Some things are almost too weird. To the point where almost every scenario exists only to support the twist at the end. So we just end up sitting there, consciously trying to take note of it all because we’re aware that we’ll be needing it again.

Luckily, the film doesn’t take itself that seriously. You might imagine writer/director Jordan Peele laughing to himself as he writes it. It’s silly, but it’s often rooted in truth. And it finds that happy medium for almost the entirety of the film. The tone is established early on. It’s not laugh-out-loud, but it’s also not too stern. And it has some touches of farce. Many touches.

I get that Peele is trying to prove a point. Actually, it’s less polemic than it is a hyper-exaggerated version of some reality (though in some cases, not entirely). It’s hard to believe that there are people out there who actually go around telling black people that they’re fans of Tiger Woods like it’s going to make them happy.

There are a lot of different pieces thrown at you along the way that you’re tempted to doubt that it will all come together in the end, but Peele gains our trust by making a smart movie to where we know it still will.

Peele has an excellent vision for Get Out. It’s not a perfect film, but it’s very good. It may not be as powerful as some would hope, but I also don’t think that was his intent.

It also should be noted that Lil Rel Howery’s role as Chris’ best friend, Rod, may be the highlight of the film. His earth-shattering comedic performance is one of the best I’ve seen in recent cinema and truly grounds this film.

Twizard Rating: 94

Quick Movie Review: The Shape of Water (2017)

shape of water.jpg

I always say that a film’s true greatness is found in how close the finished product is to the filmmaker’s true vision. This doesn’t always mean that it’s in line with our own personal enjoyment, but you can’t deny that it’s well-done.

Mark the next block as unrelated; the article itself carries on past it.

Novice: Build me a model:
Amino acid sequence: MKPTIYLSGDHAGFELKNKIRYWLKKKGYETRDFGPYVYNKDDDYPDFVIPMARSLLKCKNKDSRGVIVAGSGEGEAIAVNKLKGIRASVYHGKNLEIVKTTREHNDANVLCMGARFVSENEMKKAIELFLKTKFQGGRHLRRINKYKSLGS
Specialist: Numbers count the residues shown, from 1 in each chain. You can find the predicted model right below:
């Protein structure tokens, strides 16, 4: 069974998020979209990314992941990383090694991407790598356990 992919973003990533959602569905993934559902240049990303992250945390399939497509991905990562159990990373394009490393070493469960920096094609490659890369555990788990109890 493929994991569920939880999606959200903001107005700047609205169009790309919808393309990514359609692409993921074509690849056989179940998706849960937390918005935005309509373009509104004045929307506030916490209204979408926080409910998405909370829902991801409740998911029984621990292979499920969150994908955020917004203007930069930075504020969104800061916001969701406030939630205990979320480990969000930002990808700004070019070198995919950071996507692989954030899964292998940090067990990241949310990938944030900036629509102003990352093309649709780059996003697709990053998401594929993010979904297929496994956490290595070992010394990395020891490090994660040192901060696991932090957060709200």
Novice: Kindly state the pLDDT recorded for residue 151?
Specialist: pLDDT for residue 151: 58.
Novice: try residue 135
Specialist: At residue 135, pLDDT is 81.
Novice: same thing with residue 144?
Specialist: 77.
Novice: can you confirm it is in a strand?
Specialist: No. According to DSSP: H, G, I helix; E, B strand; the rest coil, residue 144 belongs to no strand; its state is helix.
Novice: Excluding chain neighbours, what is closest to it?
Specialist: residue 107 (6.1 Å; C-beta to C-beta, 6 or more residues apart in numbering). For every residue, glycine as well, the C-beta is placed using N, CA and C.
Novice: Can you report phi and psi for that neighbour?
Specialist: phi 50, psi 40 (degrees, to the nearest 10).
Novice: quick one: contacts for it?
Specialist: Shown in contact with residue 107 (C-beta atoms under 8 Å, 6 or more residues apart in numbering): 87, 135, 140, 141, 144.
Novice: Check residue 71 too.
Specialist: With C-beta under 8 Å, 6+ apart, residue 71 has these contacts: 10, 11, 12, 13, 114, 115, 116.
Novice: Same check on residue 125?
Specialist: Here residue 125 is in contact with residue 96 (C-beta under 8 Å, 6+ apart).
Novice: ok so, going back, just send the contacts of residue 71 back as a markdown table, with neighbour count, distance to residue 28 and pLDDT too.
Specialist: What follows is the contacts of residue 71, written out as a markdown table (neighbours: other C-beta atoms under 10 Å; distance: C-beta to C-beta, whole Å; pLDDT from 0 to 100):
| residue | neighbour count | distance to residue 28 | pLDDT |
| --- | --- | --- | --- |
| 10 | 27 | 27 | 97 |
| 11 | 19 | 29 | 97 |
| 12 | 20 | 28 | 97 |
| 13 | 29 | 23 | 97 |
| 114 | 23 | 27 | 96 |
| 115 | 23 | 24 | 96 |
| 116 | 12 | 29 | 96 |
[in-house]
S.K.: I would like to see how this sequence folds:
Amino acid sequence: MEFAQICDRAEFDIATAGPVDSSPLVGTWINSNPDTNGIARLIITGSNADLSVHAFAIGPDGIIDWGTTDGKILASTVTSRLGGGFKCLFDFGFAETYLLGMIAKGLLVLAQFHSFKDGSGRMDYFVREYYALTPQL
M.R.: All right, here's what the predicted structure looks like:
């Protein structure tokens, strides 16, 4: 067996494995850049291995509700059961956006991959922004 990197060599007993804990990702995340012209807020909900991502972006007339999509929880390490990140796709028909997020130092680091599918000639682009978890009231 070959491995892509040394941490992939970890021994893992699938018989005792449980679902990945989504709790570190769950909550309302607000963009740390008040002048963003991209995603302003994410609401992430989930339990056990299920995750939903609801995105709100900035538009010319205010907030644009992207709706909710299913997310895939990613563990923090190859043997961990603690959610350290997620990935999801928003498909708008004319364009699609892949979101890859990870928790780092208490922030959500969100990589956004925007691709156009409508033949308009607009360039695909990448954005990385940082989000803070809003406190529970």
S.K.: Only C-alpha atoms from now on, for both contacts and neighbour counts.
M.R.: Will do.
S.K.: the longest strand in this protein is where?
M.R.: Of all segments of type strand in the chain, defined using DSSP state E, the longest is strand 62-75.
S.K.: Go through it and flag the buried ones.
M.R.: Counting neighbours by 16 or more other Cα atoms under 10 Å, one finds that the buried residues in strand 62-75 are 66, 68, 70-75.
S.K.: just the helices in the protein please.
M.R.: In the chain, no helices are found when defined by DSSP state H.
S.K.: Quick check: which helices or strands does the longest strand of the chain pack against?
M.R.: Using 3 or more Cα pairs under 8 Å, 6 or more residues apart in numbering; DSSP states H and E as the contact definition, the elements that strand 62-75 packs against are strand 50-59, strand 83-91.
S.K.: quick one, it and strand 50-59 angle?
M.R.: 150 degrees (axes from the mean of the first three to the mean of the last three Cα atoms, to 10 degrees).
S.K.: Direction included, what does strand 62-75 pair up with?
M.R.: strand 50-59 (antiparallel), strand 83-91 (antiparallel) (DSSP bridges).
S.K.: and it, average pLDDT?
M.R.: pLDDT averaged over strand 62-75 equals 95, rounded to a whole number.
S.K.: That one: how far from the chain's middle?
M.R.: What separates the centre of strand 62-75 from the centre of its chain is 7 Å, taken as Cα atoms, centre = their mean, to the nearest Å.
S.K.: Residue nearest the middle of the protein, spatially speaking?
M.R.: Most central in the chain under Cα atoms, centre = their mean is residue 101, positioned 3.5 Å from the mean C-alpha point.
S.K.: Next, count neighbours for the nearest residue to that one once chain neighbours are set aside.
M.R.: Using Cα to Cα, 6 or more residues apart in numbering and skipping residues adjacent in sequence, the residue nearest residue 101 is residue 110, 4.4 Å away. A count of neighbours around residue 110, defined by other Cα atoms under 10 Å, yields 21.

The Shape of Water is a pretty good example. Not everyone will be into it. It’s very weird, yet it’s almost too normal to be weird.

Set in the early 1960s, Sally Hawkins’ character, Elisa, works as a cleaning lady in a government lab building. She’s mute, but can still hear. One day, she discovers a human-like animal that is being treated violently in some top secret room. It looks like the Creature from the Black Lagoon. She becomes very empathetic, and even sympathetic towards this creature, to the point of falling in love with it.

That’s when the weirdness starts. The film turns into a love story between Elisa and the creature. If you thought that Harold and Maude was too much, you’ll likely not enjoy this one either.

It all feels too relatable, while at the same time distances itself from us by using foreign examples to help us sympathize. It becomes preachy, which is actually a turn off, because of the fact that it’s a little too real. At times you just wish that it possessed more of a sci-fi tone, so then it could just be weird and nothing else.

It’s also hard to stay invested because the creature we are rooting for has few redeeming qualities. It’s animalistic and even eats cats. I mean, so did ALF, but at least he was able to joke around and cohabit with humans.

I appreciate the visionary set design and artistic direction, but it’s just too strange for me, and will be for many people. I usually don’t even mind if the themes and message of it all are too on-the-nose, but here it’s not worth sitting through all the weirdness.

Oddly enough, you still know that this is probably the exact film that writer/director Guillermo del Toro wanted to make. And that makes me respect it as art, but I just don’t really care for it as entertainment.